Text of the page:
The Social Construction Of Meaning: An Alternative Perspective On Information Sharing
Communication Media; Decision Quality; Group Support Systems; Information Sharing; Intersubjective Interpretation; Social Construction of Meaning; Social Presence; Task Closure
Research on information sharing has viewed this activity as essential for informing groups on content relevant to a decision. We propose and examine an alternate function of information sharing, i.e., the social construction of meaning. To accomplish this goal, we turn to social construction, social presence, and task closure theories. Drawing from these theories, we hypothesize relationships among the meeting environment, breadth and depth of information shared during a meeting, and decision quality. We explore these relationships in terms of the effects of both the media environment in which the group is situated and the medium that group members choose to utilize for their communication. Our study of 32, 5- and 6-person groups supports our belief that interpretation underlies information sharing and is necessary for favorable decision outcomes. It also supports the proposed negative effect of low social presence media on interpretation in terms of depth of information sharing; a low social presence medium, however, promotes information sharing breadth. Finally, the findings indicate that when in multimedia environments and faced with a relatively complex task, choosing to utilize an electronic medium facilitates closure and, therefore, favorable outcomes.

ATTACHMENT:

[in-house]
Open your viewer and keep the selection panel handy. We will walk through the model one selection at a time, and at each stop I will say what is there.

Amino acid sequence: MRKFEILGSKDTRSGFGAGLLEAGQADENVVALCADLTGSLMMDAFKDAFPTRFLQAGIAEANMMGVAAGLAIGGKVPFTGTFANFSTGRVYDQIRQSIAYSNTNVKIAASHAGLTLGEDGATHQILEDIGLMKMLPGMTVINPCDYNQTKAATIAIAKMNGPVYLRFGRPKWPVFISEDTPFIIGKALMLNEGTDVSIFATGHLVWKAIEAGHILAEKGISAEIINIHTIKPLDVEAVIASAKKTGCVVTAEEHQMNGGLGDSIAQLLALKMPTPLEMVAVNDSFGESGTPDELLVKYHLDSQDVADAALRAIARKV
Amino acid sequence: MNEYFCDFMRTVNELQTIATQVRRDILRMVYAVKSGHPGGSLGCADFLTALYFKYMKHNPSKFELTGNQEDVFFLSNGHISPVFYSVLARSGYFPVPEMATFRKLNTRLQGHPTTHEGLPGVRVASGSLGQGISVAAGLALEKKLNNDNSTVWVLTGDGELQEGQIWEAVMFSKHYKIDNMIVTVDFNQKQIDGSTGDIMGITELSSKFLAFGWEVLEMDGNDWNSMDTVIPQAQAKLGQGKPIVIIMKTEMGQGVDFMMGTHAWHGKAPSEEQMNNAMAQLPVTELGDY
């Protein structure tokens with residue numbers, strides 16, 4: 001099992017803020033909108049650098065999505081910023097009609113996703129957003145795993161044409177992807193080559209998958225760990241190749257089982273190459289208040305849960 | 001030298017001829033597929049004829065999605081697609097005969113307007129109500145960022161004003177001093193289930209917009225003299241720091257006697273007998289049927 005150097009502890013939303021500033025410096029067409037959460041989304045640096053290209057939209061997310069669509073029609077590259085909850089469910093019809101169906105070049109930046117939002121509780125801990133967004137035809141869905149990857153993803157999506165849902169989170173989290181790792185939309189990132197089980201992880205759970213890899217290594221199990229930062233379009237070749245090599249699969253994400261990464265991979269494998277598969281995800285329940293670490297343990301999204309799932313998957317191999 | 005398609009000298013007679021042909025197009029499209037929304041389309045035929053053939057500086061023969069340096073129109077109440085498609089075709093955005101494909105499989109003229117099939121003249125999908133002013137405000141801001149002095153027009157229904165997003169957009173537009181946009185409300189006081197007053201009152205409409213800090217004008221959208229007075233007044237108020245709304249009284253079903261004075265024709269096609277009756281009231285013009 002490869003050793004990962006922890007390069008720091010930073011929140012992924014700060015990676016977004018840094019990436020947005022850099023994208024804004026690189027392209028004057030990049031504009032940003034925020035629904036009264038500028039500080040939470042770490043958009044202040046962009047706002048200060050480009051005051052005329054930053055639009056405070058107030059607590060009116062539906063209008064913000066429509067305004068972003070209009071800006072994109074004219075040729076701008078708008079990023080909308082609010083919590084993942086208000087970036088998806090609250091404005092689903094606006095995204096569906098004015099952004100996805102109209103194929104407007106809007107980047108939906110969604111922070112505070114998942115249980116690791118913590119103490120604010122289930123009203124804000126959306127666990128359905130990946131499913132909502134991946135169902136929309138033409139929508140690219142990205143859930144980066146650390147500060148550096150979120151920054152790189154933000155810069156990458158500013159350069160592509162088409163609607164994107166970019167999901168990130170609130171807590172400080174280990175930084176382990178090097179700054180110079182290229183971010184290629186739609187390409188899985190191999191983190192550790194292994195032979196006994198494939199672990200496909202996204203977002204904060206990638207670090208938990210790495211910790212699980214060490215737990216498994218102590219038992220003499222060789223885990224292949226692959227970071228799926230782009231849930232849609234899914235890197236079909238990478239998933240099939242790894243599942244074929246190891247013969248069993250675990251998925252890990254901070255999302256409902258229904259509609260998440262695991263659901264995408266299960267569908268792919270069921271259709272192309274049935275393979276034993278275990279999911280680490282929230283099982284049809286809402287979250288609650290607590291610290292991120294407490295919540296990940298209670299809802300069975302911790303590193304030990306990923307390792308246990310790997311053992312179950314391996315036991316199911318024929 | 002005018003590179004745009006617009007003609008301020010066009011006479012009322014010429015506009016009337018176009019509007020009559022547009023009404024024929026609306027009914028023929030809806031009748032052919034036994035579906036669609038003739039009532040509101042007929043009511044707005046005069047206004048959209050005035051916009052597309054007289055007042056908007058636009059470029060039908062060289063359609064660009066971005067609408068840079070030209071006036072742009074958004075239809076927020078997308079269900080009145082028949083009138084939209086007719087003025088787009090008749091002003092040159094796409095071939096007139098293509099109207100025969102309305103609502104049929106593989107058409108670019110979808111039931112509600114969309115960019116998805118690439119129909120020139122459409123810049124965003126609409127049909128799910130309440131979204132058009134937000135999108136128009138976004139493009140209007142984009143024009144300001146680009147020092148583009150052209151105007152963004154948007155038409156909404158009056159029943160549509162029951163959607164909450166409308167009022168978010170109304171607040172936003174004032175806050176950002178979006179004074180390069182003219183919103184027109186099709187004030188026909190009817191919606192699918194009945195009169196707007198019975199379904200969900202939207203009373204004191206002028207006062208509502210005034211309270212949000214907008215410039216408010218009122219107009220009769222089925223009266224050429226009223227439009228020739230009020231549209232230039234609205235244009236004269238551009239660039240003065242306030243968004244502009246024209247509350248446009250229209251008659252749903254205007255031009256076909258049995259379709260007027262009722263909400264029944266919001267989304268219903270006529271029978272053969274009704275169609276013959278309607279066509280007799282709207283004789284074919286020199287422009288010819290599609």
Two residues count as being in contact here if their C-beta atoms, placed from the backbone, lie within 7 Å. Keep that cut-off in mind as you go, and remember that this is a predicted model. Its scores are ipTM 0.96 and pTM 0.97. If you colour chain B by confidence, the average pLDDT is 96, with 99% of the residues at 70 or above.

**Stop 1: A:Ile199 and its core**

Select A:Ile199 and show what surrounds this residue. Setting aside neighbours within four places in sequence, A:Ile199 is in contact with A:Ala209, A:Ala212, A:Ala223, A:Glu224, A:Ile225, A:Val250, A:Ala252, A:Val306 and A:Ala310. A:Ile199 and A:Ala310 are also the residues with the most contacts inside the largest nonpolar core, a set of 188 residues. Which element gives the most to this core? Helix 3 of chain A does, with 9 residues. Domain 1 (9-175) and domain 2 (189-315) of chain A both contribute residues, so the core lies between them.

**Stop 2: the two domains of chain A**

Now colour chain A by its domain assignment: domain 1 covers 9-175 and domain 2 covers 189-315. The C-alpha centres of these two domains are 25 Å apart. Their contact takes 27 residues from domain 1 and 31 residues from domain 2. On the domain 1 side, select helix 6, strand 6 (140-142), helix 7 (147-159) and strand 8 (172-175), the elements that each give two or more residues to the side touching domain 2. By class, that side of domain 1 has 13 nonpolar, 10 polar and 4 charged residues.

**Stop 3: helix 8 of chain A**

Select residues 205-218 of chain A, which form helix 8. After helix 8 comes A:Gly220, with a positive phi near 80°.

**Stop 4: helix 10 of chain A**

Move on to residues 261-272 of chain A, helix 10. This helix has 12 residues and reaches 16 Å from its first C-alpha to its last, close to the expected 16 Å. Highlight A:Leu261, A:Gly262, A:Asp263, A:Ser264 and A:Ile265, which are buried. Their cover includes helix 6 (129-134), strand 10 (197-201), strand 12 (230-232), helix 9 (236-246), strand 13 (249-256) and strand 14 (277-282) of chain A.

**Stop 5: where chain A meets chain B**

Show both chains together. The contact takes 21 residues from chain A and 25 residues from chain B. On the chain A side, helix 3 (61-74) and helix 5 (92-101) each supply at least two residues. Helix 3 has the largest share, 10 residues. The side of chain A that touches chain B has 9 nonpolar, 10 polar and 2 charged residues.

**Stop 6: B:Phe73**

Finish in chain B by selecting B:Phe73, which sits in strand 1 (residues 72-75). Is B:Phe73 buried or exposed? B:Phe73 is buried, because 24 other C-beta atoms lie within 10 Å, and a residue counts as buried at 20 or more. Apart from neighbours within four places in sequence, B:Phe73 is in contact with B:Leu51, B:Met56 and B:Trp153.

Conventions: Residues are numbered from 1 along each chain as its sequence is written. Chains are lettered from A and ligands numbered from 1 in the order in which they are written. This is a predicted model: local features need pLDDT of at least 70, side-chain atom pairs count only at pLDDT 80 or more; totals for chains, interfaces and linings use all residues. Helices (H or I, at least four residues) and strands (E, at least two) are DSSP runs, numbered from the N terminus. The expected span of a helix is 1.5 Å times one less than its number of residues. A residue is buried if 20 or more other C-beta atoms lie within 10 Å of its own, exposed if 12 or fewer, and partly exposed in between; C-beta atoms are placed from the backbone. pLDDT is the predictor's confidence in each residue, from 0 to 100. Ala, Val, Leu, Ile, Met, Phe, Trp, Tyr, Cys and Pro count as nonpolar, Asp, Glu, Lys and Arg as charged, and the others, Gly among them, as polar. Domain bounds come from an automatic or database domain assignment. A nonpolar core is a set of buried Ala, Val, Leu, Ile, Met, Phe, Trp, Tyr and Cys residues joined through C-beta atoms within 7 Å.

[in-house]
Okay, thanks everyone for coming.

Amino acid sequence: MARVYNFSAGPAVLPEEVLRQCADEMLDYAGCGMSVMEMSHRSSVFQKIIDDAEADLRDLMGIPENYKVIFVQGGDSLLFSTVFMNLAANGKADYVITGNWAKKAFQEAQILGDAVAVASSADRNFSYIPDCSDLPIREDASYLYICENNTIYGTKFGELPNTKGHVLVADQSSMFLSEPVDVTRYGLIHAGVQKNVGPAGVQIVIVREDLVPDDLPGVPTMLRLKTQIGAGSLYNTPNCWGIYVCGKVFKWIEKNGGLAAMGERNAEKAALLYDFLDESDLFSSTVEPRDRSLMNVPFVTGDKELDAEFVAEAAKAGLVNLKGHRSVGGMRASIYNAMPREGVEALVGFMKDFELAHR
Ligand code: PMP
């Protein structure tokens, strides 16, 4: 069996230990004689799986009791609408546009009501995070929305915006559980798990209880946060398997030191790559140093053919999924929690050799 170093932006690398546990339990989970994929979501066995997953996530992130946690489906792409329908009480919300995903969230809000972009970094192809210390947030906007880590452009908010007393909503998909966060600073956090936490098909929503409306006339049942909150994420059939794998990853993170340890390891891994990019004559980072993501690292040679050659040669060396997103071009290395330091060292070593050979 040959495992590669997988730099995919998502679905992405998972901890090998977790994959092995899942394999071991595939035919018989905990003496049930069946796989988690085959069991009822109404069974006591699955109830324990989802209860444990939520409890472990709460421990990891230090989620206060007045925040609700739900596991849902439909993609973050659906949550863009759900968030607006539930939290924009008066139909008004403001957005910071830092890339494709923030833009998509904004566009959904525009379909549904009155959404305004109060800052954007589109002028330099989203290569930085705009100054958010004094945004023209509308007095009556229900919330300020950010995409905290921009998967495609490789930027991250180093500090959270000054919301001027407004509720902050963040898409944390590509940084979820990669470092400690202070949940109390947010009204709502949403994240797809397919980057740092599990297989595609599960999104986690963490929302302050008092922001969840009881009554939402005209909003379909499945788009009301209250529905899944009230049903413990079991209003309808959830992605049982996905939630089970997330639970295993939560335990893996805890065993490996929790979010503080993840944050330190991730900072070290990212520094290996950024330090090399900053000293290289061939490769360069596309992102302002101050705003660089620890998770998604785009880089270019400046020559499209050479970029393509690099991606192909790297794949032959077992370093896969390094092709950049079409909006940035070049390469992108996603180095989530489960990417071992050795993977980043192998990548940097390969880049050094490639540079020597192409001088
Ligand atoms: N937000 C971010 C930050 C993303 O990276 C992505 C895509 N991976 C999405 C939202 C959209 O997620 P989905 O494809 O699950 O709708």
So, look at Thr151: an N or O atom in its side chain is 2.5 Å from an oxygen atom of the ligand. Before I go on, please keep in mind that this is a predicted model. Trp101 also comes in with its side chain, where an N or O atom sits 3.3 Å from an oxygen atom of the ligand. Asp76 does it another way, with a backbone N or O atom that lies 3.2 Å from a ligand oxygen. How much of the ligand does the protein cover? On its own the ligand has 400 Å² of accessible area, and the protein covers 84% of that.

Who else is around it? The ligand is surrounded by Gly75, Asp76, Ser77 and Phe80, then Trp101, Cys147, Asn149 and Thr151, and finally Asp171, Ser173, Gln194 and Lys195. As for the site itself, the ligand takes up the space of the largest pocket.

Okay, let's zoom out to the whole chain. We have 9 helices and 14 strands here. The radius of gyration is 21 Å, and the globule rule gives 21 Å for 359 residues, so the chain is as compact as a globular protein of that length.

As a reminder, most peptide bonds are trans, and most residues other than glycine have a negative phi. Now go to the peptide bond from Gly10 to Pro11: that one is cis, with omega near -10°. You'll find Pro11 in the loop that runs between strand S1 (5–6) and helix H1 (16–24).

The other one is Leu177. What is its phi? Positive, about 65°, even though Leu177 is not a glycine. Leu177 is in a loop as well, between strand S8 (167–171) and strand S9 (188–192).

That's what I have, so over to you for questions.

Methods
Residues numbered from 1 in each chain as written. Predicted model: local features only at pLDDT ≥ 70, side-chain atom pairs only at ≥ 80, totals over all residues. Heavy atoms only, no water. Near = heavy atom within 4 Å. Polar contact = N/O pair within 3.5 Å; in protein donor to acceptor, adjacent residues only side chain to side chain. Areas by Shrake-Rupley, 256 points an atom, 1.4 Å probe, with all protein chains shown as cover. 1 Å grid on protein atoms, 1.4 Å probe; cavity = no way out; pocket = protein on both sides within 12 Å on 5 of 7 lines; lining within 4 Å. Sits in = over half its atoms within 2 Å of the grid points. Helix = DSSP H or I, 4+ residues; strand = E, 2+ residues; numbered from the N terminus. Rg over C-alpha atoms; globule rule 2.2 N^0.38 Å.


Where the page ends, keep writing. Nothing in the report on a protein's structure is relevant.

Information Systems Research
Number of Pages
Source API URL
Miranda, Shaila M. and Saunders, Carol S., "The Social Construction Of Meaning: An Alternative Perspective On Information Sharing" (2003). Scopus Export 2000s. 2162.